Comparing the field to his previous two seasons dominating the tour, Cone said the competition, albeit many of the same athletes, has become noticeably stiffer.
“I think the veterans are becoming hardened. They’re figuring out that the start matters a ton and they’re all simplifying the course. I think that’s the key to victory for me is simplifying it. It’s a 25-second course. You’re not thinking about too much in that time. It’s the same faces, it’s just hard competition. They’re all doing it.”
Perhaps the biggest news was the return of women to the World Pro Ski Tour with the The Rocket Mortgage Women’s Tour
Tuva Norbye thought her race days were behind her. The 25-year-old Norwegian had retired last season following a couple of years competing on the Europa Cup circuit after graduating from the University of Denver in 2019.
Friday was the first she’d heard about Sunday’s World Pro Ski Tour race in Aspen, which happened to be the first women’s race of the tour in more than 20 years. On a whim, she decided to try it, making the trip from Salt Lake City, where she is currently pursuing a Masters degree.
With 11 women competing on Sunday, including several current college athletes, a couple of pre-university rippers and fellow retirees, Norbye surprised herself from the get-go. She began the day by throwing down the fastest start time in qualifying and then proceeded to dominate every single head-to-head run. She took down fellow University of Utah student Katie Vesterstein in the quarterfinals, then squeaked by University of Colorado’s Kaitlyn Harsch in two tight runs of the semis before facing Caroline Jones from the University of Vermont in the finals. Jones came into Sunday’s race fresh off of a FIS giant slalom podium in Vail and had the Norwegian pulling out every ounce of her reserve energy.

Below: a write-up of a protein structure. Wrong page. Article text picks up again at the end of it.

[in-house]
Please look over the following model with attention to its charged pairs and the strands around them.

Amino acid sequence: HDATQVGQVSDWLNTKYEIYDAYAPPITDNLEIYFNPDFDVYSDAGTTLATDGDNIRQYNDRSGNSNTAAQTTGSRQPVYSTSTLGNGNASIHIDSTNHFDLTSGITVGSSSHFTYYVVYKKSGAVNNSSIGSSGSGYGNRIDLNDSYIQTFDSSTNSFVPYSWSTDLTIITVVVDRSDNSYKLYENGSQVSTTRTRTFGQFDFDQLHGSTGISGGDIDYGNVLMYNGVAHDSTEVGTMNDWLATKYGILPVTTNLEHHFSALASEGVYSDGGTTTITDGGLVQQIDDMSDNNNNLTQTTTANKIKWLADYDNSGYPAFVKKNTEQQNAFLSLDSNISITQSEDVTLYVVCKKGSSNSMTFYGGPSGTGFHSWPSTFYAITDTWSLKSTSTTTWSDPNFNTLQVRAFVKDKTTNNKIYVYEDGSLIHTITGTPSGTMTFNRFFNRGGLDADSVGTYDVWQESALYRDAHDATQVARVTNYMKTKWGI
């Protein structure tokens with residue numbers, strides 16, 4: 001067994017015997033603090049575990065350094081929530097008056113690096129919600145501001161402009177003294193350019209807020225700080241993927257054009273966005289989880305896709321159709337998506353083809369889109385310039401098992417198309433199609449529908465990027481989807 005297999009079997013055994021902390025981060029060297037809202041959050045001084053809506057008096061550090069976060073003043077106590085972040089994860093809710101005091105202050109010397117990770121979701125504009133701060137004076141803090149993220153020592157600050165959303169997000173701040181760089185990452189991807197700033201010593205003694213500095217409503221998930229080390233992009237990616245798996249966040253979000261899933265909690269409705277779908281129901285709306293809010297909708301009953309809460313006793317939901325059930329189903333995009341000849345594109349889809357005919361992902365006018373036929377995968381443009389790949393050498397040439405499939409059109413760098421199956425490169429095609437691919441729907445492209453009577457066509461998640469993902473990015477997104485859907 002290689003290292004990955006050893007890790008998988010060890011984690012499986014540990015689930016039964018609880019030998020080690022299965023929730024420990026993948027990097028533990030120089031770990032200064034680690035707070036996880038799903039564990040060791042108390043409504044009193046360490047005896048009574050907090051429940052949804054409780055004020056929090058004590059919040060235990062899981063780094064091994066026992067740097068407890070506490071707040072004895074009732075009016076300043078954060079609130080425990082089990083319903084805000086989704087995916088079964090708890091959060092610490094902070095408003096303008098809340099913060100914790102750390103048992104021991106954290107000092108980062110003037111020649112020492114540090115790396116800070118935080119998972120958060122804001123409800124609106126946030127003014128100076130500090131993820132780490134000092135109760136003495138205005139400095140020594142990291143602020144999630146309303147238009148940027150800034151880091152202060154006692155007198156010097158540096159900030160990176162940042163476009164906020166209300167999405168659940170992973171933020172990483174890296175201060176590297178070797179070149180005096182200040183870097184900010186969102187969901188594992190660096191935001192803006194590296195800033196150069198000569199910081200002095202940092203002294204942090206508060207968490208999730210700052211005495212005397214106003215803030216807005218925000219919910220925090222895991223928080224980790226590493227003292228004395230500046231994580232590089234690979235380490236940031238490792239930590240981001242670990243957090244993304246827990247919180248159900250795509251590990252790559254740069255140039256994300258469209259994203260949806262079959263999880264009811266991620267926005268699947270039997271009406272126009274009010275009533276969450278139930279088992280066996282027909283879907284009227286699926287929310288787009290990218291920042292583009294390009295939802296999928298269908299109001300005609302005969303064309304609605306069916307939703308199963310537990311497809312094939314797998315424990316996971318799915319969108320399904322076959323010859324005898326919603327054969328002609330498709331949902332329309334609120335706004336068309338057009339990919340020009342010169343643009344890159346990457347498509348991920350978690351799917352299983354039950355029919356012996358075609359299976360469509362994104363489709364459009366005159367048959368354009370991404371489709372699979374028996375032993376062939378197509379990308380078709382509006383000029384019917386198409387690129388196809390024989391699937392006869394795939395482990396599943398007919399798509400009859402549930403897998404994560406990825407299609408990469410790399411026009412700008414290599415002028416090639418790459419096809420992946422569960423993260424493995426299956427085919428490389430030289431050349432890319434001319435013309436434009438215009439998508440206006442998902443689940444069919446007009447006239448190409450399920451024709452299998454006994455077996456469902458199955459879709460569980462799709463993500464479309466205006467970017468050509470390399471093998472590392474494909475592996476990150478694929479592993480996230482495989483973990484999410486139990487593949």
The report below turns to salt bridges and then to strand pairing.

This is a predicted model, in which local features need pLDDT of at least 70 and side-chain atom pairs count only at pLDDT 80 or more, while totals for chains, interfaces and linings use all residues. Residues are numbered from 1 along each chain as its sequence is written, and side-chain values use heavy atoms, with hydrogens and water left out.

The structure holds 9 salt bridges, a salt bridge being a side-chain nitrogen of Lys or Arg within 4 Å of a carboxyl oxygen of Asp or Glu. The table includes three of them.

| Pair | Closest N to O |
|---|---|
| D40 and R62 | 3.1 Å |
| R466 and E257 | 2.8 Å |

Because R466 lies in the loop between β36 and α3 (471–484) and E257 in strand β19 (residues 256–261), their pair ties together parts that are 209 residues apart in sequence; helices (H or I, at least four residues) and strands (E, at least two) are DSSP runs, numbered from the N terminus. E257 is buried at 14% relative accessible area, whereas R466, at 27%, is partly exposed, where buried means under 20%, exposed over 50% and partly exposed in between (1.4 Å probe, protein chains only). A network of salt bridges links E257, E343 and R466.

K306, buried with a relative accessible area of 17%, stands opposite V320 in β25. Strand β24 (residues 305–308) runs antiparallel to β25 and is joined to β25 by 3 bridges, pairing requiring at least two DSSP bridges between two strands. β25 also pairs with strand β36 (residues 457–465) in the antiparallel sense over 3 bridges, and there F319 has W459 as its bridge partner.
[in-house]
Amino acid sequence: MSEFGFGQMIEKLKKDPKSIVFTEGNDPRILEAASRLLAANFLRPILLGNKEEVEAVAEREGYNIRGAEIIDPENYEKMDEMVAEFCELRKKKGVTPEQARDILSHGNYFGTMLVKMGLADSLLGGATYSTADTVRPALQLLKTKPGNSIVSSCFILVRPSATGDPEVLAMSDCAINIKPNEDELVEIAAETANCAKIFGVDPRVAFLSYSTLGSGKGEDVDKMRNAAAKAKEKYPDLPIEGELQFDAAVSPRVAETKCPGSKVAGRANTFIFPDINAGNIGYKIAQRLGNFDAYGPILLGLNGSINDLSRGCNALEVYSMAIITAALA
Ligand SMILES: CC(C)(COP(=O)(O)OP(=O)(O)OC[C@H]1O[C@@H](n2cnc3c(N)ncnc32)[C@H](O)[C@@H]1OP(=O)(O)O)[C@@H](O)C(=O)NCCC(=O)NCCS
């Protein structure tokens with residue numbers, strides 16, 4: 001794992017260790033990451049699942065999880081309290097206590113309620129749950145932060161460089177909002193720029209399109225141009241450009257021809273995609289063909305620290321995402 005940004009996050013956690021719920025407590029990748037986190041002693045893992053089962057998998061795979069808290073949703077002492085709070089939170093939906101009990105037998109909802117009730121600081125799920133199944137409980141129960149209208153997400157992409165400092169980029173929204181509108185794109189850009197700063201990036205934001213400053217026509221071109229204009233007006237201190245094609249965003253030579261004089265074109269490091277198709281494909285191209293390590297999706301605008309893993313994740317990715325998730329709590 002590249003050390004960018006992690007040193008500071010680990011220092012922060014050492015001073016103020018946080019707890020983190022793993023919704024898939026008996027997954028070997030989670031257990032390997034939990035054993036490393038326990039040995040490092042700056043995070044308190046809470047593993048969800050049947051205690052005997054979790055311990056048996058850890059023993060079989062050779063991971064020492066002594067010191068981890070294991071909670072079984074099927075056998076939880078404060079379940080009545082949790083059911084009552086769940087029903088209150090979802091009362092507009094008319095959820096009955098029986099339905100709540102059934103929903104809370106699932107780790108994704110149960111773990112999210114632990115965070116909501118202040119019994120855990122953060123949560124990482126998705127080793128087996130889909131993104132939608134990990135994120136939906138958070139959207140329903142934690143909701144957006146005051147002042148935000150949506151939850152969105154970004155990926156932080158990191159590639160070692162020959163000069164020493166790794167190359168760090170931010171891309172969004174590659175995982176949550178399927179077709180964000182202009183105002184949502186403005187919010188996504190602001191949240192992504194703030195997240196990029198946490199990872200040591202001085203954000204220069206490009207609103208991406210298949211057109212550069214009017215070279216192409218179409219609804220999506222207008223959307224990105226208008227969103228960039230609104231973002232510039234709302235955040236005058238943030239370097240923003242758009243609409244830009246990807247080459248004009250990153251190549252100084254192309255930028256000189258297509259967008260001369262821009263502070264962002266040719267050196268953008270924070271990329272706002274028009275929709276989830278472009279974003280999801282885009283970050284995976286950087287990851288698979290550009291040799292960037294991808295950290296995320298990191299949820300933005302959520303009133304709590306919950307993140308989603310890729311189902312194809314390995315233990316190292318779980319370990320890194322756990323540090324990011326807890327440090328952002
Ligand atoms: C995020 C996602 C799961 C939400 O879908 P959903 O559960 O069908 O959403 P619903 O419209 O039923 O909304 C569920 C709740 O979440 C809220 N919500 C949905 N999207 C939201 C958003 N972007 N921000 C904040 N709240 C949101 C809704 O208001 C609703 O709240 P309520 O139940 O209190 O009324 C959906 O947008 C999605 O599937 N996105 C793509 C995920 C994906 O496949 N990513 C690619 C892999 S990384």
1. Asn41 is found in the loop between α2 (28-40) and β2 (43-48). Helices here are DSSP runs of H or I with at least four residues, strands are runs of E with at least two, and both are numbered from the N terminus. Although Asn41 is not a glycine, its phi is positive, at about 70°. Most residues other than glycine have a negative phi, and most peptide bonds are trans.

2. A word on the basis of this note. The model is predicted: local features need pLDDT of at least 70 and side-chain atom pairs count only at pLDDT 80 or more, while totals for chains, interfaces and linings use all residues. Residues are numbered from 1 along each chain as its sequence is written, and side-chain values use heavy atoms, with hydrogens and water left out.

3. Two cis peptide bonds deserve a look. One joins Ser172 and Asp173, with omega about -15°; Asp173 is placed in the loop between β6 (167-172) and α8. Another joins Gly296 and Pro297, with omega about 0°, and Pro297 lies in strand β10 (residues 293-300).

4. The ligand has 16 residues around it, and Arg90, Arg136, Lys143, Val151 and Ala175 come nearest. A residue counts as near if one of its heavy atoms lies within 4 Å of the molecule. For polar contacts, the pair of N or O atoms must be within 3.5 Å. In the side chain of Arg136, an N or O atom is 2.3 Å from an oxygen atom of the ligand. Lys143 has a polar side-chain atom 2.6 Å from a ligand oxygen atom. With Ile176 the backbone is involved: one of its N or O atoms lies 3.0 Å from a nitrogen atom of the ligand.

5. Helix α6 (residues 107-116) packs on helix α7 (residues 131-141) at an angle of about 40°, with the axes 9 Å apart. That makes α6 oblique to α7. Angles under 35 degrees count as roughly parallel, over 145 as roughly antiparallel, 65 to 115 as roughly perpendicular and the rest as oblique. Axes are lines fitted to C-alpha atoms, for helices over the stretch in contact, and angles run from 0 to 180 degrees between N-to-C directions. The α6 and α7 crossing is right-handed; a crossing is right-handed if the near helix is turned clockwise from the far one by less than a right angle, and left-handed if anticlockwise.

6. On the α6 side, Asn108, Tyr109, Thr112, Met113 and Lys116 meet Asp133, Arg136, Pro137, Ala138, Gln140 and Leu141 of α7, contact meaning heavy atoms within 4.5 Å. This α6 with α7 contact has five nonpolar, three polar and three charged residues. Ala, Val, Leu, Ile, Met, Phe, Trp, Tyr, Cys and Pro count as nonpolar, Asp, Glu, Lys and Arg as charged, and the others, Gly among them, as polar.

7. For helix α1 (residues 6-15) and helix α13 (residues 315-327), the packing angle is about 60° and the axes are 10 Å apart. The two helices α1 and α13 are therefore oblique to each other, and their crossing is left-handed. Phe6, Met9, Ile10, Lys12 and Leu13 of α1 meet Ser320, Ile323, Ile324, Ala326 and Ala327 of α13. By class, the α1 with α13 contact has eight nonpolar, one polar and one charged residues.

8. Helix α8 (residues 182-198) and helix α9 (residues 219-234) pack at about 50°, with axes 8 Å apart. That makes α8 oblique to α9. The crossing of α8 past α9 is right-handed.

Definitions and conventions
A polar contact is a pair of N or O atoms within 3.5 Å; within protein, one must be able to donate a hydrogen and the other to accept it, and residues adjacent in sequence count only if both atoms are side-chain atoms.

Norbye actually slid onto her hip near the end of the first final run, miraculously recovering to make the gate and take the lead. She charged so hard through exhaustion in the final run that she hooked a hand on the final gate, spun and crashed over the finish line for the win.
“Oh my God, I was so tired at the end,” Norbye said. “I used to be a lot stronger than I am right now. I can tell I’m still really competitive. Even if I’m really tired, I still want to reach the finish line, even if I just reach it.”
Norbye notched numerous podiums and a handful of victories in giant slalom and slalom as a university racer and also landed several podiums on the NorAm circuit, although her only NorAm victory – as well as her only Europa Cup podium – happened to be in parallel slalom.
“I haven’t done it too much,” she said of the discipline. “I don’t think many girls have done it a lot here in the U.S., but I remember doing a NorAm like three years ago and I actually won that one, so I guess I just like the parallel. I like seeing someone on the side of me because it really gets me going and the competitiveness is just coming. I think it’s awesome. I hadn’t skied much this winter, so it’s awesome to get the opportunity to do something like this.”
Norbye walked away with a $10,000 prize purse for her efforts.
“I never actually thought I’d win the $10,000,” she said, adding that she wasn’t quite sure yet how she’d spend it. “I’m in my Masters right now, so it helps paying for that. I have to do something fun, I just don’t know what yet.”
When asked if she would be competing in the next women’s WPST in Steamboat Springs next month, Norbye said it’s definitely on her radar after Sunday’s success.
“I want to now, yeah, for sure,” she said.
It was an exciting day of racing with a couple of other athletes contributing to the harrowing side of the action. Local racer Galena Wardle was charging so hard in her semi-final run against Jones that she caught an edge just before a jump and flew over it sideways, but recovered enough to put on a strong performance in the small final against Harsch, who ended up charging ahead by a couple of tenths to beat her and round out the podium as Wardle took fourth.
Thanks to World Pro Ski Tour/Ski Racing Media